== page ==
Defense Secretary Mark Esper said the United States will escort American-flagged ships facing threats from Iran “to the degree that the risk demands it,” but noted that such protection may not involve U.S. military vessels trailing each ship.
Esper made the comments to reporters at the Pentagon on Wednesday, a day after the Senate confirmed him in a 90-8 vote to become President Donald Trump’s next defense secretary. Esper, a former Army officer, Capitol Hill staff member and defense lobbyist, said he will soon travel to U.S. Central Command, which oversees the U.S. military in the Middle East, to discuss the measures to protect American-flagged ships from Iranian action in and around the Strait of Hormuz.
“The Brits are escorting their ships,” he said. “We will escort our ships to the degree that the risk demands it. I assume that other countries will escort their ships.”
He said such escorts would be designed to prevent American-flagged ships from being attacked or seized by Iran and could take myriad forms.
“In some cases, that may be strictly an overhead capability. It may mean that there is a U.S. naval warship within proximity to deter it,” Esper said. “I don’t necessarily mean every U.S.-flagged ship going through the strait has a destroyer right behind it.”
The United States and its allies are working on initiatives to respond to recent provocations by Iran near the Persian Gulf. U.S. officials have accused Iran of conducting limpet mine attacks on foreign-flagged tankers, downing an American reconnaissance drone and most recently seizing a British-flagged tanker and its crew.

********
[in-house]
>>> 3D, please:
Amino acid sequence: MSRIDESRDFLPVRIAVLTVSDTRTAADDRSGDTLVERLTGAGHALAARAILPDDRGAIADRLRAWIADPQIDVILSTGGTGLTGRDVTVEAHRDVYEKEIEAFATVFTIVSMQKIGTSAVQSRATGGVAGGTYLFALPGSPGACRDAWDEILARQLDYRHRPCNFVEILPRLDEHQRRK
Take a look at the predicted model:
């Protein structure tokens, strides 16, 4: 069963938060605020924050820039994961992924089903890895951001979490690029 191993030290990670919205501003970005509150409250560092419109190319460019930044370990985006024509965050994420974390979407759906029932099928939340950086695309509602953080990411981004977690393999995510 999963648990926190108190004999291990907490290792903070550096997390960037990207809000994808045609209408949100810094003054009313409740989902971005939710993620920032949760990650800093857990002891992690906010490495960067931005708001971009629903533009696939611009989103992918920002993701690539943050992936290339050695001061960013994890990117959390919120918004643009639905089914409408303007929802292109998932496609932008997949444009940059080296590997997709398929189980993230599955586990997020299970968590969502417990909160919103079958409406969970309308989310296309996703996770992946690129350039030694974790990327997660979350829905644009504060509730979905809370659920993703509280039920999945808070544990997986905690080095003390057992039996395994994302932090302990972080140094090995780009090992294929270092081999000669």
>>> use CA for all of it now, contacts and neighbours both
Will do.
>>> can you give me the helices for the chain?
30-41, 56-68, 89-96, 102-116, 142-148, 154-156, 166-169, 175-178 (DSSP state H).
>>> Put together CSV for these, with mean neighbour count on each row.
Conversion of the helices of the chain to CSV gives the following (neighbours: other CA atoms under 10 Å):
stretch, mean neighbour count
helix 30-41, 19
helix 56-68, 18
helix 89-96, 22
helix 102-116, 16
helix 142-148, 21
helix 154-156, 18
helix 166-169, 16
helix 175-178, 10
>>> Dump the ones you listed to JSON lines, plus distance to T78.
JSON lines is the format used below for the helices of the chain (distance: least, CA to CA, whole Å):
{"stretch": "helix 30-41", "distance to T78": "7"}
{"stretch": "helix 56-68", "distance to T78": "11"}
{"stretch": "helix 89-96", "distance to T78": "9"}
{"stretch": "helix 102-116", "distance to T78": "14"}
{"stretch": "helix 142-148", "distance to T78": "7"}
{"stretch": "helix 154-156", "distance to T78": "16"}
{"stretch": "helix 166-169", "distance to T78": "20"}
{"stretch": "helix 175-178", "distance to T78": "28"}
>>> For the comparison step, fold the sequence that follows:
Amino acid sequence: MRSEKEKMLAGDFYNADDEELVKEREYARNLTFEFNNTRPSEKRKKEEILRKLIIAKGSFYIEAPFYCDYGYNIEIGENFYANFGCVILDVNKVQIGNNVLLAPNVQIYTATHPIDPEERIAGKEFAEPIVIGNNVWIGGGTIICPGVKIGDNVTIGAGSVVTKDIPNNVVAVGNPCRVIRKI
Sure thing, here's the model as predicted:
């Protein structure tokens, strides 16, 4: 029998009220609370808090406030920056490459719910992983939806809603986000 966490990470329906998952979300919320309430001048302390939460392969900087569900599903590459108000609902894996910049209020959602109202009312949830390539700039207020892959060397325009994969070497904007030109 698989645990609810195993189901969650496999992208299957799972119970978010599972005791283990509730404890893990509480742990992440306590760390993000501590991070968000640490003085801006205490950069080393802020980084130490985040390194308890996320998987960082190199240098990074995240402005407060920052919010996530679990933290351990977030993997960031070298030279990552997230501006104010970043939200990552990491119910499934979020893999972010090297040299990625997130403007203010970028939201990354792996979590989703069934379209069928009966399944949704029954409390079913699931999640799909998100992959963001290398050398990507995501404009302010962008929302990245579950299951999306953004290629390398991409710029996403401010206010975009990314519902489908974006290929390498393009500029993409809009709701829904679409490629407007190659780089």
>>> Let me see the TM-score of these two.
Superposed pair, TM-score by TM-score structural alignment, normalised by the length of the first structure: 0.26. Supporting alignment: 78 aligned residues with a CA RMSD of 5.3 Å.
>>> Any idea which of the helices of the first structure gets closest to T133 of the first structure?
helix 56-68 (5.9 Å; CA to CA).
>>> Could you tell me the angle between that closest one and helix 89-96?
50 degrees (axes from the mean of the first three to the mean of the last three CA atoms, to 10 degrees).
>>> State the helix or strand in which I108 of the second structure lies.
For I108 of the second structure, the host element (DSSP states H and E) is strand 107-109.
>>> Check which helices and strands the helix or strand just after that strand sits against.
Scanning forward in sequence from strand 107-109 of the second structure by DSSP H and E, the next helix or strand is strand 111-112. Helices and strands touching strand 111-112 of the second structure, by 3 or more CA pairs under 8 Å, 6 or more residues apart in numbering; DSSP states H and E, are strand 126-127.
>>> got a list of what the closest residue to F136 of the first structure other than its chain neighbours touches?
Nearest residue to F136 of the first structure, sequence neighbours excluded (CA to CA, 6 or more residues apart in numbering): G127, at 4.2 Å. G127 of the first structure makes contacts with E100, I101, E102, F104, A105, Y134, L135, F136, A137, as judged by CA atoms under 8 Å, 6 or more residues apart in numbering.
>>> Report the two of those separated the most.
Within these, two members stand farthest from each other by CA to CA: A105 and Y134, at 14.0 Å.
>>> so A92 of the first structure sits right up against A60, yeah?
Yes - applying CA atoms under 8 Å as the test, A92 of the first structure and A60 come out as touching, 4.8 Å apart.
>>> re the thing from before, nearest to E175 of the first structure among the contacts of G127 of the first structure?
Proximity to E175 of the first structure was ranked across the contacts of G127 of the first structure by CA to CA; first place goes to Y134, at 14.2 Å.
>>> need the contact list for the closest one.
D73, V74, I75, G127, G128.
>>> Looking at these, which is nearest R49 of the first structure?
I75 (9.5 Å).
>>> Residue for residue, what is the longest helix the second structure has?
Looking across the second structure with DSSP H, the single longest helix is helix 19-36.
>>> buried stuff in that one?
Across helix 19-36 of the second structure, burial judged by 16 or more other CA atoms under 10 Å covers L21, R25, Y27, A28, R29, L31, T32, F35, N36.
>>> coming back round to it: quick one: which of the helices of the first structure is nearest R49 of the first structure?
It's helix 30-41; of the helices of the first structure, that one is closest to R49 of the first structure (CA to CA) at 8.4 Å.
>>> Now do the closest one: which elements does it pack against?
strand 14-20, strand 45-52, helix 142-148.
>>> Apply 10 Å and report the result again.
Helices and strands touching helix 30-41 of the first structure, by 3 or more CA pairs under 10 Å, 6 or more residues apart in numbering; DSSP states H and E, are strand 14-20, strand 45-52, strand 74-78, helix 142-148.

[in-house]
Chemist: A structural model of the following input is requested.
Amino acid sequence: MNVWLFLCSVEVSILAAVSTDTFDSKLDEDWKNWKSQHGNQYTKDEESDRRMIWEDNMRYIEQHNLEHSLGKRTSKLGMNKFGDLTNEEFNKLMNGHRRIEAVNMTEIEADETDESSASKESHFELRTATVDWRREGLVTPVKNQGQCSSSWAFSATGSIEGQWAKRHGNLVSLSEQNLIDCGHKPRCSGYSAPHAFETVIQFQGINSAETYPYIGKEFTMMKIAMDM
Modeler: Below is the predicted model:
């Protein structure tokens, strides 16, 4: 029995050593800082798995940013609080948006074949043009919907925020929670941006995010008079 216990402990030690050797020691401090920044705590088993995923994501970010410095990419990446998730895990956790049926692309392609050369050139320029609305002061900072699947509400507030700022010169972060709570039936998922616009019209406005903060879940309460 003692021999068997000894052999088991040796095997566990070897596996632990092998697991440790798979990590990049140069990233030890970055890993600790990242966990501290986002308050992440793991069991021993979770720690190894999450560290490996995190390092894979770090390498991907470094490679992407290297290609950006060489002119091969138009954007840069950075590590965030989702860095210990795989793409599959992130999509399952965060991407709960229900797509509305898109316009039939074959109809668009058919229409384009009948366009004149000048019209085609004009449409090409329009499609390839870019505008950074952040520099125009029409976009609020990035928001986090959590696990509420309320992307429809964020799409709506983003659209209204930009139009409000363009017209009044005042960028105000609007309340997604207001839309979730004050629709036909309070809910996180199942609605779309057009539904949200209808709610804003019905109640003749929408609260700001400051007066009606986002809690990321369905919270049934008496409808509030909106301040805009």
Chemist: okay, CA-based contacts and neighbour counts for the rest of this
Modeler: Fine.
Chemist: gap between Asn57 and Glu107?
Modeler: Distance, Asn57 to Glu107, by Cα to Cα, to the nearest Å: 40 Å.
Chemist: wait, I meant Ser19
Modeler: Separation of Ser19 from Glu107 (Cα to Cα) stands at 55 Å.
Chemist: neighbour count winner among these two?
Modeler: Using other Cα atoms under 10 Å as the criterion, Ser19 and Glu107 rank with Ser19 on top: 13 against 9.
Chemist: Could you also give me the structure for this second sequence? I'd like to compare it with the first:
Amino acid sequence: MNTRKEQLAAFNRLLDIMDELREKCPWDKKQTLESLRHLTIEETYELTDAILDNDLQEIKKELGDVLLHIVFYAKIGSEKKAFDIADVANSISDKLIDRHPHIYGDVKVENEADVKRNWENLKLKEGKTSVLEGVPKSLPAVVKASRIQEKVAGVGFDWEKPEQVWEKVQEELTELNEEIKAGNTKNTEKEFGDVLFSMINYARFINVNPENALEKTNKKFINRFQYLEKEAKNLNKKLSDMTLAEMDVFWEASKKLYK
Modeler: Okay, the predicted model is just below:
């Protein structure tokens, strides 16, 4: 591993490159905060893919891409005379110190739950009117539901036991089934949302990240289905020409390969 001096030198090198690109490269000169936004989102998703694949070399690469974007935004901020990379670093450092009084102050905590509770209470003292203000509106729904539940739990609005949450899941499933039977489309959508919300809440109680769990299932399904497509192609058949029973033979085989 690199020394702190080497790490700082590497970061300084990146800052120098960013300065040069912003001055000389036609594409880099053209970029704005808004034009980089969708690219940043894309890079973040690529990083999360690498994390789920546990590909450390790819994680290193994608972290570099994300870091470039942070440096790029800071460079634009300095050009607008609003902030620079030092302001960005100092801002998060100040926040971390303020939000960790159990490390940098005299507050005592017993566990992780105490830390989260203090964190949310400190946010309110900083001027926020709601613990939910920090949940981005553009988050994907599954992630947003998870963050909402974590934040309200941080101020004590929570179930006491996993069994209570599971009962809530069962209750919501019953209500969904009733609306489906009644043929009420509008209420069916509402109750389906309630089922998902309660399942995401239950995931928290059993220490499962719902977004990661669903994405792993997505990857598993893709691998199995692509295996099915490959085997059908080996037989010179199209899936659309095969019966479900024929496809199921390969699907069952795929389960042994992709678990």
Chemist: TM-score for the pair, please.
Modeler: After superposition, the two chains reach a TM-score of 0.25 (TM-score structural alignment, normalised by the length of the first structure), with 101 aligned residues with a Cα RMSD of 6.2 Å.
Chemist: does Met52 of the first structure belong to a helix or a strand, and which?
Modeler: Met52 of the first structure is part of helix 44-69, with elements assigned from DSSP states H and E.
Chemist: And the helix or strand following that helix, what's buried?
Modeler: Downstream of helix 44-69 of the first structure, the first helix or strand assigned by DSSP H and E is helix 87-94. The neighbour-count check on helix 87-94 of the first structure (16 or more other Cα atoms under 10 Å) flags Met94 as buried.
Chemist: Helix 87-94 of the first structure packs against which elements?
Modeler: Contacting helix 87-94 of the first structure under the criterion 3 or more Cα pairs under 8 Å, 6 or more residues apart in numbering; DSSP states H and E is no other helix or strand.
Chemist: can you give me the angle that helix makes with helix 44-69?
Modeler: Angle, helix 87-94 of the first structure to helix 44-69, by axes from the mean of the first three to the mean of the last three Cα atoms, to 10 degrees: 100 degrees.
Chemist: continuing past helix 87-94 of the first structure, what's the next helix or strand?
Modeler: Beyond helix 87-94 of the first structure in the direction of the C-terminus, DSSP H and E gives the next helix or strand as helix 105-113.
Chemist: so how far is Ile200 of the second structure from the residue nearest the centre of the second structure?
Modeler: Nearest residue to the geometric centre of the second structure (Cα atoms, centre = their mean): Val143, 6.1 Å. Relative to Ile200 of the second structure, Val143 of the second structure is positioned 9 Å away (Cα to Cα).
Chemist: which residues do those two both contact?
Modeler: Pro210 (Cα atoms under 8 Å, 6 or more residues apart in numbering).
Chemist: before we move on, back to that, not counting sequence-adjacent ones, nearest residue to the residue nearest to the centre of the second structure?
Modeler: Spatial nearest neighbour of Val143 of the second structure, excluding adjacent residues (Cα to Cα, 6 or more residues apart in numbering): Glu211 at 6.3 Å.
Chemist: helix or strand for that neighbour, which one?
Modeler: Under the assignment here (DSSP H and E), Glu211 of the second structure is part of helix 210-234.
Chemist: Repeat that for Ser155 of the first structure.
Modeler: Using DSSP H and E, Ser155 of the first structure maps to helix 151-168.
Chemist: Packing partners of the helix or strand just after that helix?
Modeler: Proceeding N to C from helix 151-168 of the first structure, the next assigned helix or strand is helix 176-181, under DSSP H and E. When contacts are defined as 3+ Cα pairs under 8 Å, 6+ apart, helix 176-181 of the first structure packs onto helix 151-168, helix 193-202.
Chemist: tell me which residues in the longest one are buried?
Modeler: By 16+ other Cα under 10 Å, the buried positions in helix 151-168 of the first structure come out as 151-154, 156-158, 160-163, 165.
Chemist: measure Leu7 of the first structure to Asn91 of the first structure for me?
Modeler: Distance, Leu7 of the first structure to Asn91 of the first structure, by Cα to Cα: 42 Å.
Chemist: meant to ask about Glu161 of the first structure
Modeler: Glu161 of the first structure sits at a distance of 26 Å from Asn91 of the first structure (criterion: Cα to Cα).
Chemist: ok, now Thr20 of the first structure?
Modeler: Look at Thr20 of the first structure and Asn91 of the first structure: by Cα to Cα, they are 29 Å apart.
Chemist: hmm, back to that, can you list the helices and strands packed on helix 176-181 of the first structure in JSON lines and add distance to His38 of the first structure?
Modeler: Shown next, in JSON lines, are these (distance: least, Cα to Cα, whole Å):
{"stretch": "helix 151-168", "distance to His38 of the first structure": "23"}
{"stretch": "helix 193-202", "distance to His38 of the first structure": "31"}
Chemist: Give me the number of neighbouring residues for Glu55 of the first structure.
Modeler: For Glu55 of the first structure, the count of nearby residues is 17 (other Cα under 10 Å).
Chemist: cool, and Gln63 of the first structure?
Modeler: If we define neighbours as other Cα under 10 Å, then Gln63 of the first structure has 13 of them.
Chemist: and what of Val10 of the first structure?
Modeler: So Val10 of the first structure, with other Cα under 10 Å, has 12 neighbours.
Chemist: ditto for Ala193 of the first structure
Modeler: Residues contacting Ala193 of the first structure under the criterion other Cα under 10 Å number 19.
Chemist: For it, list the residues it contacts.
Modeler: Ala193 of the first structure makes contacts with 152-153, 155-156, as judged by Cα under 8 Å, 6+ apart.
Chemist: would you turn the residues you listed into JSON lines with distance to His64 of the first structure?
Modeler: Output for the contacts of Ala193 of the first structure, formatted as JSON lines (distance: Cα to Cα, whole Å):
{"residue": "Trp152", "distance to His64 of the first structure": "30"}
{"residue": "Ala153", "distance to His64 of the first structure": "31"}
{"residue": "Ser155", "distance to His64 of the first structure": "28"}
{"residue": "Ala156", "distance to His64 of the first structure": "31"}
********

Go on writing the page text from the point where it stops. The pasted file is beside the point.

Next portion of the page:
Last Friday, U.S. Central Command announced that it is developing a multinational maritime effort, known as Operation Sentinel, to increase surveillance and security in waterways in the region. Central Command said the framework would enable nations to escort their flagged vessels while taking advantage of cooperation and capabilities provided by participating nations.
But British Foreign Secretary Jeremy Hunt on Monday said that Britain instead would be launching a European-led force and would later discuss the best way to complement U.S. proposals.
By charting their own initiative, European officials are looking to avoid getting dragged into a growing confrontation between the United States and Iran. A U.S.-led maritime effort could be seen by Iran as an escalation in support of the United States’s intent to pressure Iran; a European-led force, meanwhile, could be seen as a less political initiative to ensure freedom of navigation.